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Speedy Particles Put Einstein to the Test

An experiment purporting to show that subatomic particles can travel faster than light has scientists' heads spinning. If confirmed, it would undermine key pillars of modern physics.


At a presentation in Switzerland, scientists said Friday they had recorded ghostlike particles, known as neutrinos, traveling a tiny bit faster than light—an apparent breach of the cosmic speed limit set down by Albert Einstein more than a century ago.

The result could turn out to be an embarrassing miscalculation by scientists—or portend a leap into a science fiction territory where particles theoretically travel backward in time. While a confirmation of the finding wouldn't mean anything has changed about the universe, scientists' understanding of how it works would be thrown into disarray.


"It would be the biggest physics discovery in a century because we'd have to completely revise everything from subatomic physics to what we know about how the universe evolved," said Neil Turok, director of the Perimeter Institute for Theoretical Physics in Ontario, Canada.

Like many physicists mulling the development, Dr. Turok was skeptical. He said neutrinos reaching the Earth from a supernova explosion have been observed to be traveling at the speed of light, which doesn't agree with the latest finding. Other scientists questioned the setup of the experiment and whether statistical errors might have affected the conclusion.

There also were questions about whether the researchers properly accounted for small glitches that could have had an unwanted effect—such as the rotation of the Earth, or the location of the moon and its role in altering the shape of the Earth's crust when the experiment was being conducted.

Even the scientists who conducted the neutrino experiment were wary about questioning one of Einstein's most powerful legacies. They spent six months verifying and reverifying the data, and called on physicists the world over to confirm—or refute—their finding through independent experiments.

International scientists make a breakthrough discovery as sub-atomic particles are found to be quicker than the speed of light. (Video: Reuters)

"It's an anomaly, a discrepancy," said Dario Autiero, who was involved in the experiment, at a meeting held Friday at the European Organization for Nuclear Research, or CERN. But, if true, "it could have a potentially great impact" on science.

Neutrinos are particles with almost no mass and no charge, and they can pass through ordinary matter unaffected. At any given moment, billions harmlessly stream through a person's body.

In the experiment known as the Oscillation Project with Emulsion-Tracking Apparatus, neutrinos were measured as traveling slightly faster than light on a 450-mile trip from CERN near Geneva to the Gran Sasso underground lab in central Italy. The particles moved at a velocity just above the speed of light. That result was based on more than 15,000 neutrino events measured at the Italian lab, CERN said.


Agence France-Presse/Getty Images

A part of the Opera experiment to measure neutrinos at the Italian National Institute of Nuclear Physics INFN's Gran Sasso Laboratory.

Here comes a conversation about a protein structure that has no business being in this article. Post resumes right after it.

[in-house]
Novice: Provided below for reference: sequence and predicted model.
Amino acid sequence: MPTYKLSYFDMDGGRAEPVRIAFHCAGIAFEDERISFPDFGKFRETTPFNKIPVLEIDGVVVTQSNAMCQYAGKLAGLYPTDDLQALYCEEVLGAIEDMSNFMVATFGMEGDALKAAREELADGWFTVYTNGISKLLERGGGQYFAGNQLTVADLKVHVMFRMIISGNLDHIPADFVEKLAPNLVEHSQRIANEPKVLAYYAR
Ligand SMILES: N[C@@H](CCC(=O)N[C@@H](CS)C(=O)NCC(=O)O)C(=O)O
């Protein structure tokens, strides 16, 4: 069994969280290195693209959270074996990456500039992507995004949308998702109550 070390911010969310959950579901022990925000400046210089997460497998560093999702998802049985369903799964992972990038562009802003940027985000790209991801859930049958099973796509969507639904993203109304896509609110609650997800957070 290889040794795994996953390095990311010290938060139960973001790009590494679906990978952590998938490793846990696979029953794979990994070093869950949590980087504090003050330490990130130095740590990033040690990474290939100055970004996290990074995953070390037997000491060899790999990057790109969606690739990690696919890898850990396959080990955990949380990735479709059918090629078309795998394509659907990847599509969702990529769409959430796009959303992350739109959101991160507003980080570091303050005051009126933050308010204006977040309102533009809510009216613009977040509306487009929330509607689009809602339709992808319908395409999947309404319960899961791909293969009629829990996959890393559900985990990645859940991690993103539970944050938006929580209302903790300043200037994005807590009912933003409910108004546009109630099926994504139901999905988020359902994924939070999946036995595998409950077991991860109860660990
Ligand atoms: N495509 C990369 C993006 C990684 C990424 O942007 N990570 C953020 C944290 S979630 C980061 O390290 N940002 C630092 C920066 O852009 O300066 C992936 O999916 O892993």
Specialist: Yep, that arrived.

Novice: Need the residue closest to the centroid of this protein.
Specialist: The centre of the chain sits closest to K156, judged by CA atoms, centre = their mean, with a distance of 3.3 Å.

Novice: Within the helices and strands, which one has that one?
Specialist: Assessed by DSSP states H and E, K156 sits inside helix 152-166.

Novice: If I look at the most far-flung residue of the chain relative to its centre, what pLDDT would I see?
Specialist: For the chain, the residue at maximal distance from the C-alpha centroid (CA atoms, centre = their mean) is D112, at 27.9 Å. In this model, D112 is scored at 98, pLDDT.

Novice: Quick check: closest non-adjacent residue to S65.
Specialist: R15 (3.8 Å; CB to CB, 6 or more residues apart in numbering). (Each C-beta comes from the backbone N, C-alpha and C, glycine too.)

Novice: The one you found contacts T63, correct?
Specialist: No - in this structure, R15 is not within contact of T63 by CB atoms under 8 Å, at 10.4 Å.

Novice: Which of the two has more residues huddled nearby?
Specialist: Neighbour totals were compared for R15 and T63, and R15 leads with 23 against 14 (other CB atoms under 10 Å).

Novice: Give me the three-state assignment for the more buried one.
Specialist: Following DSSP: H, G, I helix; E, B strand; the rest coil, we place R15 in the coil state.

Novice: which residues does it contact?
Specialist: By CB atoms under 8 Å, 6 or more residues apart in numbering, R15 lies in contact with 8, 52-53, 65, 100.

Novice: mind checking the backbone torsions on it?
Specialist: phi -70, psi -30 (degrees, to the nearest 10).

"This result comes as a complete surprise," said Antonio Ereditato of the University of Bern, a spokesman for the experiment. "After many months of studies and cross checks we have not found any instrumental effect that could explain the result of the measurement."

However, he added, "the potential impact on science is too large to draw immediate conclusions or attempt physics interpretations."

Einstein's theory of relativity incorporates his crucial idea that the speed of light—about 186,000 miles a second—is a barrier that can't realistically be breached. In the famous equation E=mc² that equates mass with the energy contained within it, for example, the "c" represents the speed of light. If particles go faster than light, things become troublesome.

Under such a scenario, an observer in a rocket ship traveling near the speed of light who was watching the Gran Sasso experiment taking place, "would detect the neutrino before it was emitted—they'd see it going backwards in time," said Dr. Turok.

The light-speed notion is also partly the basis for Einstein's theory of gravity. That, in turn, is the starting point for existing theories about how the universe evolved.

More practically, the speed of light calculation has been incorporated into billions of measurements done at particle accelerators in the quest to understand how the basic constituents of matter behave. If some particles can indeed outrun light, most of those calculations would need to be redone.

A few years ago, a similar neutrino experiment done at Fermilab in Illinois also showed that the particles could travel faster than light. Unlike the latest finding, that data were "below the threshold of precision needed for making a scientific claim," said Robert Plunkett, a particle physicist at Fermilab.

Dr. Plunkett and his colleagues now plan to go back to their data, refine it, and see if they come to any different conclusions about the speed of neutrino travel. They also plan to do a more ambitious experiment—essentially to check the Swiss-Italian result—though those findings won't be available for two or three years.



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